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Jonathan Hughes [18]Jonathan A. Hughes [1]
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Profile: Jonathan Hughes (Keele University)
  1. Jonathan A. Hughes & Monique Jonas (2015). Time and Crime: Which Cold-Case Investigations Should Be Reheated. Criminal Justice Ethics 34 (1):18-41.
    Advances in forensic techniques have expanded the temporal horizon of criminal investigations, facilitating investigation of historic crimes that would previously have been considered unsolvable. Public enthusiasm for pursuing historic crimes is exemplified by recent high-profile trials of celebrities accused of historic sexual offences. These circumstances give new urgency to the question of how we should decide which historic offences to investigate. A satisfactory answer must take into account the ways in which the passage of time can erode the benefits of (...)
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  2. Jonathan Hughes (2012). Theory of Professional Standards and Ethical Policing. In Allyson Macvean, Peter Spindler & Charlotte Solf (eds.), Handbook of Policing, Ethics and Professional Standards. Routledge.
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  3. Jonathan Hughes & Tom Walker (2009). The Rule of Rescue in Clinical Practice. Clinical Ethics 4 (1):50-54.
    People often have a strong intuitive sense that we ought to rescue those in serious need, even in cases where we could produce better outcomes by acting in other ways. It has become common in such cases to refer to this as the Rule of Rescue. Within the medical field this rule has predominantly been discussed in relation to decisions about whether to fund particular treatments. Whilst in this setting the arguments in favour of the Rule of Rescue have generally (...)
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  4. Jonathan Hughes (2007). Justice and Third Party Risk: The Ethics of Xenotransplantation. Journal of Applied Philosophy 24 (2):151–168.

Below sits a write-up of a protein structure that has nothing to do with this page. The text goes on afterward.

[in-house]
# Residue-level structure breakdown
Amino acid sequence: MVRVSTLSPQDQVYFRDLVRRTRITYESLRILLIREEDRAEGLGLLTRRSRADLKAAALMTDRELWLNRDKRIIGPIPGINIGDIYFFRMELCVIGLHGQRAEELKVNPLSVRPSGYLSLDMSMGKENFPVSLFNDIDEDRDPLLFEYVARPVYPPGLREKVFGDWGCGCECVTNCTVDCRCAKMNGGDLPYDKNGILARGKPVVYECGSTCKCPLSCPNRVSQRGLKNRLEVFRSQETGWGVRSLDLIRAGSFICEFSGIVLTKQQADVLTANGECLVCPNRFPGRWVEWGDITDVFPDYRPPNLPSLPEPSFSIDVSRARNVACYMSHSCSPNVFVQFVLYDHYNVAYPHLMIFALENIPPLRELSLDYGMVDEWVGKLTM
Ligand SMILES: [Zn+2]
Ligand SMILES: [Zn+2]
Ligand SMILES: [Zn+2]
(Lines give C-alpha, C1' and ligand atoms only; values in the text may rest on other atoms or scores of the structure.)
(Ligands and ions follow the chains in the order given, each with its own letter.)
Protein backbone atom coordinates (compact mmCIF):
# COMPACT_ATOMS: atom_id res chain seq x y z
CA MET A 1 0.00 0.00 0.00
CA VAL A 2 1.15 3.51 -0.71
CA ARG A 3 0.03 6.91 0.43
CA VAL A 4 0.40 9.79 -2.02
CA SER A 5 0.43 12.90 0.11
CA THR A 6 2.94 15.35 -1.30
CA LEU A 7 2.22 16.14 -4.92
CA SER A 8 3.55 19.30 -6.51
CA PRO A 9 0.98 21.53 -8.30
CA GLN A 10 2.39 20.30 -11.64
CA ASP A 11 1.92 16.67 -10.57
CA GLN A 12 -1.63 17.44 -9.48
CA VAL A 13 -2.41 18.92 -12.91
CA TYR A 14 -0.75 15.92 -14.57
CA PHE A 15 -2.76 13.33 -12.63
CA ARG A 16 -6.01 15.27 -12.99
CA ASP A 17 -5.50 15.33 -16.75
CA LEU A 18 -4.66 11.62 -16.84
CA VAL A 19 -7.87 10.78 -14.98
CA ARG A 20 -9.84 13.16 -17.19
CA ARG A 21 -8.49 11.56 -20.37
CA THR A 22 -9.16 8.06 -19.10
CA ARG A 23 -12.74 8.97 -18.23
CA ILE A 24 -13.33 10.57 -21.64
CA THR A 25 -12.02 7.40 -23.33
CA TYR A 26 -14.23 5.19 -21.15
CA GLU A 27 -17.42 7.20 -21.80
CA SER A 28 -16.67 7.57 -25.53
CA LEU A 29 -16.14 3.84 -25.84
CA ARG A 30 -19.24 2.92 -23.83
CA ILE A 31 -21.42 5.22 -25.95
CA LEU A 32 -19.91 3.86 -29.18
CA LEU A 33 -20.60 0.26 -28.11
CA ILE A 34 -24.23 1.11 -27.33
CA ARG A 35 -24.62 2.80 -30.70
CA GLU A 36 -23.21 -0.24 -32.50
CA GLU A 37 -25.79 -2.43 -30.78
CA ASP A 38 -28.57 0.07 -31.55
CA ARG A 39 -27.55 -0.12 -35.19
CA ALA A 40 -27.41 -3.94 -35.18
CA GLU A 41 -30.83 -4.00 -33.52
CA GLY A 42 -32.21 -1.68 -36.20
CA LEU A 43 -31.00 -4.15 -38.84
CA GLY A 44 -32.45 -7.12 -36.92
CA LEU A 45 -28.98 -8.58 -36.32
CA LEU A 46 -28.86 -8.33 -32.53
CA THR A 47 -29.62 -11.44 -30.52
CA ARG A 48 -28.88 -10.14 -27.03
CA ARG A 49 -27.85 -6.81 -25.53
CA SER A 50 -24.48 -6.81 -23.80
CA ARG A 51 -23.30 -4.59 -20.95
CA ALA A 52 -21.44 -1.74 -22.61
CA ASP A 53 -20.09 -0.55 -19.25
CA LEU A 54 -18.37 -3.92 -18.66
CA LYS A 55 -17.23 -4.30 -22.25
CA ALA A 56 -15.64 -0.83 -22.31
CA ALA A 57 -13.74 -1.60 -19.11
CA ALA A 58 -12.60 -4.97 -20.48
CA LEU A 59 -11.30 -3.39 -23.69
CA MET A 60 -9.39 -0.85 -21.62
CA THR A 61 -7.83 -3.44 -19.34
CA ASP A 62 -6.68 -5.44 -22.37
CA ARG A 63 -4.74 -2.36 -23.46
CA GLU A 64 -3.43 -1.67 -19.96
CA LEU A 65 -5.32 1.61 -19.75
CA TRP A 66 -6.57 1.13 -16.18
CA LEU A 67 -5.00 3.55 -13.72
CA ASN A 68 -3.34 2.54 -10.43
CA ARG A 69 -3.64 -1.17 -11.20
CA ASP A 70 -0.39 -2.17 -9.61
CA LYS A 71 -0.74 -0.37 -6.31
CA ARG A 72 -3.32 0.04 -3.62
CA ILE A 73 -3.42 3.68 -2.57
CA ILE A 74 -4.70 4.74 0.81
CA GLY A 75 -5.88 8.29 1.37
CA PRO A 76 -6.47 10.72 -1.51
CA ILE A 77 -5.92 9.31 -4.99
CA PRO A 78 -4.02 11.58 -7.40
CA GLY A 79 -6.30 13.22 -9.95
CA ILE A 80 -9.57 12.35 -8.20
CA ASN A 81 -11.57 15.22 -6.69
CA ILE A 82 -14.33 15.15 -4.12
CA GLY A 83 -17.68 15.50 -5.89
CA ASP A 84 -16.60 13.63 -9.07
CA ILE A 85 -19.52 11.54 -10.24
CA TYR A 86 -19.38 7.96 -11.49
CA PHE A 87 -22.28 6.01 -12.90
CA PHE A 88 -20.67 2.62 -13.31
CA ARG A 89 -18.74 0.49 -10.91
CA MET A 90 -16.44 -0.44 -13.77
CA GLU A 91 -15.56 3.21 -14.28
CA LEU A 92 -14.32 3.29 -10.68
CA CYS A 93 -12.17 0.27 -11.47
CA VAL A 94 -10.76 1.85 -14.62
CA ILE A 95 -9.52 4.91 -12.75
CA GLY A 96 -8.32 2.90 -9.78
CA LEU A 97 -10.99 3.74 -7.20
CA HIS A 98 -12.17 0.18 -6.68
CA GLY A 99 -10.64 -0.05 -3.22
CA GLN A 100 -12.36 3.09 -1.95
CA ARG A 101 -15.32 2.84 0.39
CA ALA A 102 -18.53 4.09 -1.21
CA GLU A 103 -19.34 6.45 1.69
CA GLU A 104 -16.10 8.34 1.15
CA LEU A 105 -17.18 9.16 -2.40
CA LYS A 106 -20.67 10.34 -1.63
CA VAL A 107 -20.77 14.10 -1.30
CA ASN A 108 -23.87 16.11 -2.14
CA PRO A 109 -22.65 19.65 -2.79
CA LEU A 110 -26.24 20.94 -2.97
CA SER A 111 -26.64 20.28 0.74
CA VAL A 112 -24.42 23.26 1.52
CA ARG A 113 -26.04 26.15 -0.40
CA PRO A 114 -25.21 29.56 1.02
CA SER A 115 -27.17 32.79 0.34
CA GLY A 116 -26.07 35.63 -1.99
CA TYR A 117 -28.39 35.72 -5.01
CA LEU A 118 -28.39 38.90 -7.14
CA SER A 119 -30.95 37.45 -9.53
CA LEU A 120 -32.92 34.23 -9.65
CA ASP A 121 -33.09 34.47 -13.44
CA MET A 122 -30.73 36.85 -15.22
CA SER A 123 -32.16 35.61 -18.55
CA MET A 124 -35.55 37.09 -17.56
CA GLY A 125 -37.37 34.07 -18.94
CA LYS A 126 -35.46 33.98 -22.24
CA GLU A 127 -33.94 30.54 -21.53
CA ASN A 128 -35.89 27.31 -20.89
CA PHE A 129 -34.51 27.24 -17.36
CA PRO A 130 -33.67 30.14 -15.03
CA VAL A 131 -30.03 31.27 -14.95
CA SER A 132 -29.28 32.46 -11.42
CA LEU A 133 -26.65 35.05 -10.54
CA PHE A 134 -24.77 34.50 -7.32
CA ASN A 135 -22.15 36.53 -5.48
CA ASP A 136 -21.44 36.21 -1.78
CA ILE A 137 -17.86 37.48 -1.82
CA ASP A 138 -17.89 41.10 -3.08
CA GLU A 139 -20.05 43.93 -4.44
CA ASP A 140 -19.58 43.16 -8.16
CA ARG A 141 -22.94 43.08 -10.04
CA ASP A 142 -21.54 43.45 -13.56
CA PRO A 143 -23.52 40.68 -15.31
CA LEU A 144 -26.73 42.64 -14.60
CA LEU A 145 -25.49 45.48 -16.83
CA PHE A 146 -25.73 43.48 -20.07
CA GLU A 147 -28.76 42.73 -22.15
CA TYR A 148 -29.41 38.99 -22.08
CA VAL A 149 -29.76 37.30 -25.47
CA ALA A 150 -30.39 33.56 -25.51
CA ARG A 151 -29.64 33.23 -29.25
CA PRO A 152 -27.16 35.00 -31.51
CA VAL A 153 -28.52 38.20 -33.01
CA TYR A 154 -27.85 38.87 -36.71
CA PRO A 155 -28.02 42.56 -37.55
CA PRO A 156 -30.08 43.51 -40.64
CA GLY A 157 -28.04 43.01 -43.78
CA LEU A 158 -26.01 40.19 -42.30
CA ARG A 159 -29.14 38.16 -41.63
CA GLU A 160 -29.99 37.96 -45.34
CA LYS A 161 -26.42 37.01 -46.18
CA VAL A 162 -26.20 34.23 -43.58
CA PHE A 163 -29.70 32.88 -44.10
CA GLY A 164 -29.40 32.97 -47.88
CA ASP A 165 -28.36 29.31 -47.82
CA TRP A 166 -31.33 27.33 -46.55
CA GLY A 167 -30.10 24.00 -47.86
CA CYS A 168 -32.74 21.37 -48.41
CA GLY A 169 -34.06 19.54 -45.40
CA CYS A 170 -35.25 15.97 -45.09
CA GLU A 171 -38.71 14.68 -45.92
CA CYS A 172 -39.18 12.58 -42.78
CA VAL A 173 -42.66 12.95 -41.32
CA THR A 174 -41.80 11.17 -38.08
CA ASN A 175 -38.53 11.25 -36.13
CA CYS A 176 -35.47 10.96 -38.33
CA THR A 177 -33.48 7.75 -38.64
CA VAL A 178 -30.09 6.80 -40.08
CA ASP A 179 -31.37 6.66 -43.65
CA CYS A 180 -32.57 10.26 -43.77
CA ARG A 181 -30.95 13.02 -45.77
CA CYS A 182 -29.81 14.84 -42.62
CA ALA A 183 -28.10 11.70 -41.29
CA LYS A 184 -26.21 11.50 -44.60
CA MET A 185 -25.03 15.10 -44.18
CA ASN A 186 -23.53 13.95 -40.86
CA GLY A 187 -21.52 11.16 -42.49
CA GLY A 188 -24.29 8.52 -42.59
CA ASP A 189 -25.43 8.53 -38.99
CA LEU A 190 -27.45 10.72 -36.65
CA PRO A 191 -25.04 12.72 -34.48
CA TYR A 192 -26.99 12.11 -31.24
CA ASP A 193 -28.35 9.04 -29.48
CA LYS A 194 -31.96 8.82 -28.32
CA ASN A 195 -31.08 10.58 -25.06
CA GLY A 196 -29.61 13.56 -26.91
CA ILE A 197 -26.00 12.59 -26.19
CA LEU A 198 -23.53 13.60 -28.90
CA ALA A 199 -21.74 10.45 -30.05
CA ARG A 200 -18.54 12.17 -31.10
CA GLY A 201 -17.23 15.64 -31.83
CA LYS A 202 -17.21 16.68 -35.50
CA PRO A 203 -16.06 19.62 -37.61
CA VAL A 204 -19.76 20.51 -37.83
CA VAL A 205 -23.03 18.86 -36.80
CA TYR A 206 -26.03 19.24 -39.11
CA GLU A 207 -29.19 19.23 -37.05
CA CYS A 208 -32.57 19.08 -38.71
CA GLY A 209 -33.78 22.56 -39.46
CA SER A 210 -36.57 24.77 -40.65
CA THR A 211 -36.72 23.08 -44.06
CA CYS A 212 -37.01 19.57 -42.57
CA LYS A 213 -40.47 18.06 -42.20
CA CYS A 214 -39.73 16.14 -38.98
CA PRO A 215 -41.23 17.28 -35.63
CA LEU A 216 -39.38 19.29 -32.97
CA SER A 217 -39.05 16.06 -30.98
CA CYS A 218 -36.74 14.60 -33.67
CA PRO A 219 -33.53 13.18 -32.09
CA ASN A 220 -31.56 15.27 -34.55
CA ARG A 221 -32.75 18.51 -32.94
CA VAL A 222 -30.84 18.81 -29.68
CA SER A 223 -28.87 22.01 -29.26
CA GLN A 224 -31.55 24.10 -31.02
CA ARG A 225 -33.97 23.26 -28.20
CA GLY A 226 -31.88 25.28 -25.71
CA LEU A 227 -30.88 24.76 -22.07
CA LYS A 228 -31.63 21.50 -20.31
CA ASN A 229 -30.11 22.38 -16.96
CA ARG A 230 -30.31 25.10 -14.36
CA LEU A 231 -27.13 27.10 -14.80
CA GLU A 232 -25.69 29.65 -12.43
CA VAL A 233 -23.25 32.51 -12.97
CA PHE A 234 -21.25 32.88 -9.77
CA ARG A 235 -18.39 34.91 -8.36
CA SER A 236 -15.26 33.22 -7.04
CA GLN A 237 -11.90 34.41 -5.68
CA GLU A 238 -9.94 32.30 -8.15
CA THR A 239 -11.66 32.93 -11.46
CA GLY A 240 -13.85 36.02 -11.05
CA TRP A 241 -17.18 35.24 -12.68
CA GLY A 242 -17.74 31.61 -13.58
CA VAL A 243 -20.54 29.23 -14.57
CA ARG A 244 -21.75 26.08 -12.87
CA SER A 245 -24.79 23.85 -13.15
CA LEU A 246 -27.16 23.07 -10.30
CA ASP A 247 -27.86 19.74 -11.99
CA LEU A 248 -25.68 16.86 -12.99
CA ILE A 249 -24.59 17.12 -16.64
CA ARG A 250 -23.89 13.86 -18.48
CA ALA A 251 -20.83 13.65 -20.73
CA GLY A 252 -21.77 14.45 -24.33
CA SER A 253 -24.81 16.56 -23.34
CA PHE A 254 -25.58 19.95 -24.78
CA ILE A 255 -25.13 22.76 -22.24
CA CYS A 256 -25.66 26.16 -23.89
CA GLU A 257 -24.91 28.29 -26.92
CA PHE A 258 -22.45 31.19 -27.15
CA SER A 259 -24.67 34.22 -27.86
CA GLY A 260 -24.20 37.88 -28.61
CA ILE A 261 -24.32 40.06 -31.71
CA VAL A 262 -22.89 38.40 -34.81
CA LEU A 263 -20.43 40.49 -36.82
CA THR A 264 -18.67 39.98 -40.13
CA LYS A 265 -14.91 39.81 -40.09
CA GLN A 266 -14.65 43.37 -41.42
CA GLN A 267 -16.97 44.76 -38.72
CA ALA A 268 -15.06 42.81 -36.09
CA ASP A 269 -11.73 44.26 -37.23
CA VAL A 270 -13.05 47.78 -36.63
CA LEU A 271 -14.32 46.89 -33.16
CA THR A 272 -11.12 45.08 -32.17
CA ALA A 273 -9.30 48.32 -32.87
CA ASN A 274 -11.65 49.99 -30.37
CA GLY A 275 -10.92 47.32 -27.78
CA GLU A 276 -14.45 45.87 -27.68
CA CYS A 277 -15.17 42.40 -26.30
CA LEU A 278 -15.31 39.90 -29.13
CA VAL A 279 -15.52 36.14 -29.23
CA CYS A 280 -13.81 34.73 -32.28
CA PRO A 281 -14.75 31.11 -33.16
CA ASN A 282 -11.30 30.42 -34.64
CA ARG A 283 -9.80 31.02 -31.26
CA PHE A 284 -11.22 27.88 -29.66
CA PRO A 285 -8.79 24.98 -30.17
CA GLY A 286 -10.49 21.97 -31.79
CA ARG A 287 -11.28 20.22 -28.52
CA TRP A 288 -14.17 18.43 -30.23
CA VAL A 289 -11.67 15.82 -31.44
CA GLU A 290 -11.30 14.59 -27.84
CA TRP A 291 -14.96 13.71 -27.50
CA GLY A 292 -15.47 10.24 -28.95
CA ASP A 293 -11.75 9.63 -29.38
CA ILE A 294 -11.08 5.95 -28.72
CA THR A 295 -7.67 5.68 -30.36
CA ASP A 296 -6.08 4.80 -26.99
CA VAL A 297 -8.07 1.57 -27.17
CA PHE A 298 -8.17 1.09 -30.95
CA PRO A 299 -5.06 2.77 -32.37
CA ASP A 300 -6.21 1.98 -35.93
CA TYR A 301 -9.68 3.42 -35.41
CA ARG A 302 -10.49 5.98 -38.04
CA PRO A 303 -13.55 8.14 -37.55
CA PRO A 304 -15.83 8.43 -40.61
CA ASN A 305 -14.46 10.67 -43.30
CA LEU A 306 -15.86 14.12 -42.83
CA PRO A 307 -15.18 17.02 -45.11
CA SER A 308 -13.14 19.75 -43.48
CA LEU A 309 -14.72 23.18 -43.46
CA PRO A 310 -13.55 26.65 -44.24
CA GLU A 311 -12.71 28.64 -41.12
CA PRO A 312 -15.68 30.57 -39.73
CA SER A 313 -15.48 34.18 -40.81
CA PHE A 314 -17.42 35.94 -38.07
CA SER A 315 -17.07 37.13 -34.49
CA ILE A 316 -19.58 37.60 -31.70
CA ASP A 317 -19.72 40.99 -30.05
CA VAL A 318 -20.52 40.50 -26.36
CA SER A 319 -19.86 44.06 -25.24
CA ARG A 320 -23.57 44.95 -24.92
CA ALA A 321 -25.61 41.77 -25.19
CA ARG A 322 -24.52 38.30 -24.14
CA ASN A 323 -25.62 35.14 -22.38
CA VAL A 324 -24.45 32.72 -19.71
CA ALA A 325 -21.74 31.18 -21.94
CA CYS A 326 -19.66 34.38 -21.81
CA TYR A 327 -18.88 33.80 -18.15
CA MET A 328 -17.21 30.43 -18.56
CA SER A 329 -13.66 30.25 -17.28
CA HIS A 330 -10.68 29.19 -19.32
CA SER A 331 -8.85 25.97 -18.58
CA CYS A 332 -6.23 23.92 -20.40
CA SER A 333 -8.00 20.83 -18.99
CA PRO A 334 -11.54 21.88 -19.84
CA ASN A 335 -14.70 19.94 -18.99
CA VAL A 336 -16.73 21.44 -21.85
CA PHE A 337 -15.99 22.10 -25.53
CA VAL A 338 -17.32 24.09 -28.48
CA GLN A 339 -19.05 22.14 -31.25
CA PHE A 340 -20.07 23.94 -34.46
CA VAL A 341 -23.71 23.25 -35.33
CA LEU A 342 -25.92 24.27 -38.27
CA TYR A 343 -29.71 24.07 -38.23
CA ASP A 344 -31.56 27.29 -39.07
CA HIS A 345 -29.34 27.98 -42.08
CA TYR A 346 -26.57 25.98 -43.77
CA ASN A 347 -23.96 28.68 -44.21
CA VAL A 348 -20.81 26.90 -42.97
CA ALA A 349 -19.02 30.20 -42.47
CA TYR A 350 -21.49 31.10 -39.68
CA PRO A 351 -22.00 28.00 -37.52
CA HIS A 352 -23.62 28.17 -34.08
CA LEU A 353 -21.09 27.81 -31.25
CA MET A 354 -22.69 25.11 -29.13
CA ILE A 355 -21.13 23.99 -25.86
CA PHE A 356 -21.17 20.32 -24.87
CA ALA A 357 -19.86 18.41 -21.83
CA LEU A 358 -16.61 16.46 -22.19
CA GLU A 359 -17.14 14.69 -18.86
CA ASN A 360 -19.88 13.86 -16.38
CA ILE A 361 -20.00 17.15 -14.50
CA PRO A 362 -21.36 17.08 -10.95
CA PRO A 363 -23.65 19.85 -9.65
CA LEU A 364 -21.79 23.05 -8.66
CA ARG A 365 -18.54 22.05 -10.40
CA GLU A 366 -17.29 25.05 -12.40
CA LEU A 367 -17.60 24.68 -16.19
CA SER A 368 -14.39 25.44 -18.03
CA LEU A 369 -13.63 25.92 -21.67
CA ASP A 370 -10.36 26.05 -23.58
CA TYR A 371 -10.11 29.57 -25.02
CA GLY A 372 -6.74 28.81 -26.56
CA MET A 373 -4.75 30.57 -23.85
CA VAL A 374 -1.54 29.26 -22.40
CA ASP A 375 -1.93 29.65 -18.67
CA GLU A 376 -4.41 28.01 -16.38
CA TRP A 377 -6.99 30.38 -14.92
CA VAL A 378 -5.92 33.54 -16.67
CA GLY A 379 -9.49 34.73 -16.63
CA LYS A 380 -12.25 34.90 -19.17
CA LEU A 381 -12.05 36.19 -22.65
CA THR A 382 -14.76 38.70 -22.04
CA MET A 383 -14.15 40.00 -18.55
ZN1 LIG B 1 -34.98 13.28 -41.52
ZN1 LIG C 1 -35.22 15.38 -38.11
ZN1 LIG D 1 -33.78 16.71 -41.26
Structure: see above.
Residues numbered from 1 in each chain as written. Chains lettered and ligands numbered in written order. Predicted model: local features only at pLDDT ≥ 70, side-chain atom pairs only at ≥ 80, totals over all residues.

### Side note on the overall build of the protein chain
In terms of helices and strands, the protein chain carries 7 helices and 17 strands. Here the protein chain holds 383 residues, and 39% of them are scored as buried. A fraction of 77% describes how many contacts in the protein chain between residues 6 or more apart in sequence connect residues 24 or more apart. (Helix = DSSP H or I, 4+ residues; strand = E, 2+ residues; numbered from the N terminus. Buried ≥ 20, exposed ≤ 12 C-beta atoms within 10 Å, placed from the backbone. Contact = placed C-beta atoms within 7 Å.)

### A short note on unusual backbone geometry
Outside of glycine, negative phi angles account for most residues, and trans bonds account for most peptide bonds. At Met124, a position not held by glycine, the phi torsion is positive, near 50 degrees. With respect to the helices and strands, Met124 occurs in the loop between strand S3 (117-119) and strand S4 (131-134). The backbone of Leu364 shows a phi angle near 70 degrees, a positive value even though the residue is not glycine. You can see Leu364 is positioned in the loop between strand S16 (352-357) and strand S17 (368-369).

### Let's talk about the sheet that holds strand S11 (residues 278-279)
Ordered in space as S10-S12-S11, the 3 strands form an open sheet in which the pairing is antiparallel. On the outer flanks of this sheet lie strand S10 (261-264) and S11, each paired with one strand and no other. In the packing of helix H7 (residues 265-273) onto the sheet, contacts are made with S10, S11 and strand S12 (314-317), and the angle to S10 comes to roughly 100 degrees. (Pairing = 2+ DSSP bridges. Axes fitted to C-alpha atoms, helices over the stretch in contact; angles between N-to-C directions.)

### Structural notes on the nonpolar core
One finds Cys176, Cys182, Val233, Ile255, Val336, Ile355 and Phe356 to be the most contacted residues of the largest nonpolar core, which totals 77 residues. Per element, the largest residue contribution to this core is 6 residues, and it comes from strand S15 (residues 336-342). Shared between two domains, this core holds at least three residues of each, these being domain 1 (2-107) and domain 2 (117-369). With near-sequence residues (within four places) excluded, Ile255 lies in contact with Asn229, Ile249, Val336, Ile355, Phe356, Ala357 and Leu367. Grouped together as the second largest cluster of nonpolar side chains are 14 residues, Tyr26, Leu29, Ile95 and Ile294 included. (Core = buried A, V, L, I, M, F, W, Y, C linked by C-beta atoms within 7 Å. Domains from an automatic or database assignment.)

The question of when it is permissible to inflict risks on others without their consent is one that we all face in our everyday lives, but which is often brought to our attention in contexts of technological innovation and scientific uncertainty. Xenotransplantation, the transplantation of organs or tissues from animals to humans, has the potential to save or improve the lives of many patients but gives rise to the possibility of infectious agents being transferred from donor animals into the human (...)
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  5. Jonathan Hughes (2007). The Ethics of Xenotransplantation. In R. Ashcroft, A. Dawson, H. Draper & J. McMillan (eds.), Principles of Health Care Ethics. Wiley. 775-781.
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  6. Jonathan Hughes (2006). How Not to Criticize the Precautionary Principle. Journal of Medicine and Philosophy 31 (5):447 – 464.
    The precautionary principle has its origins in debates about environmental policy, but is increasingly invoked in bioethical contexts. John Harris and Søren Holm argue that the principle should be rejected as incoherent, irrational, and representing a fundamental threat to scientific advance and technological progress. This article argues that while there are problems with standard formulations of the principle, Harris and Holm's rejection of all its forms is mistaken. In particular, they focus on strong versions of the principle and fail to (...)
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  7. Jonathan Hughes (2005). Palliative Care and the QALY Problem. Health Care Analysis 13 (4):289-301.
    Practitioners of palliative care often argue for more resources to be provided by the state in order to lessen its reliance on charitable funding and to enable the services currently provided to some of those with terminal illnesses to be provided to all who would benefit from it. However, this is hard to justify on grounds of cost-effectiveness, since it is in the nature of palliative care that the benefits it brings to its patients are of short duration. In particular, (...)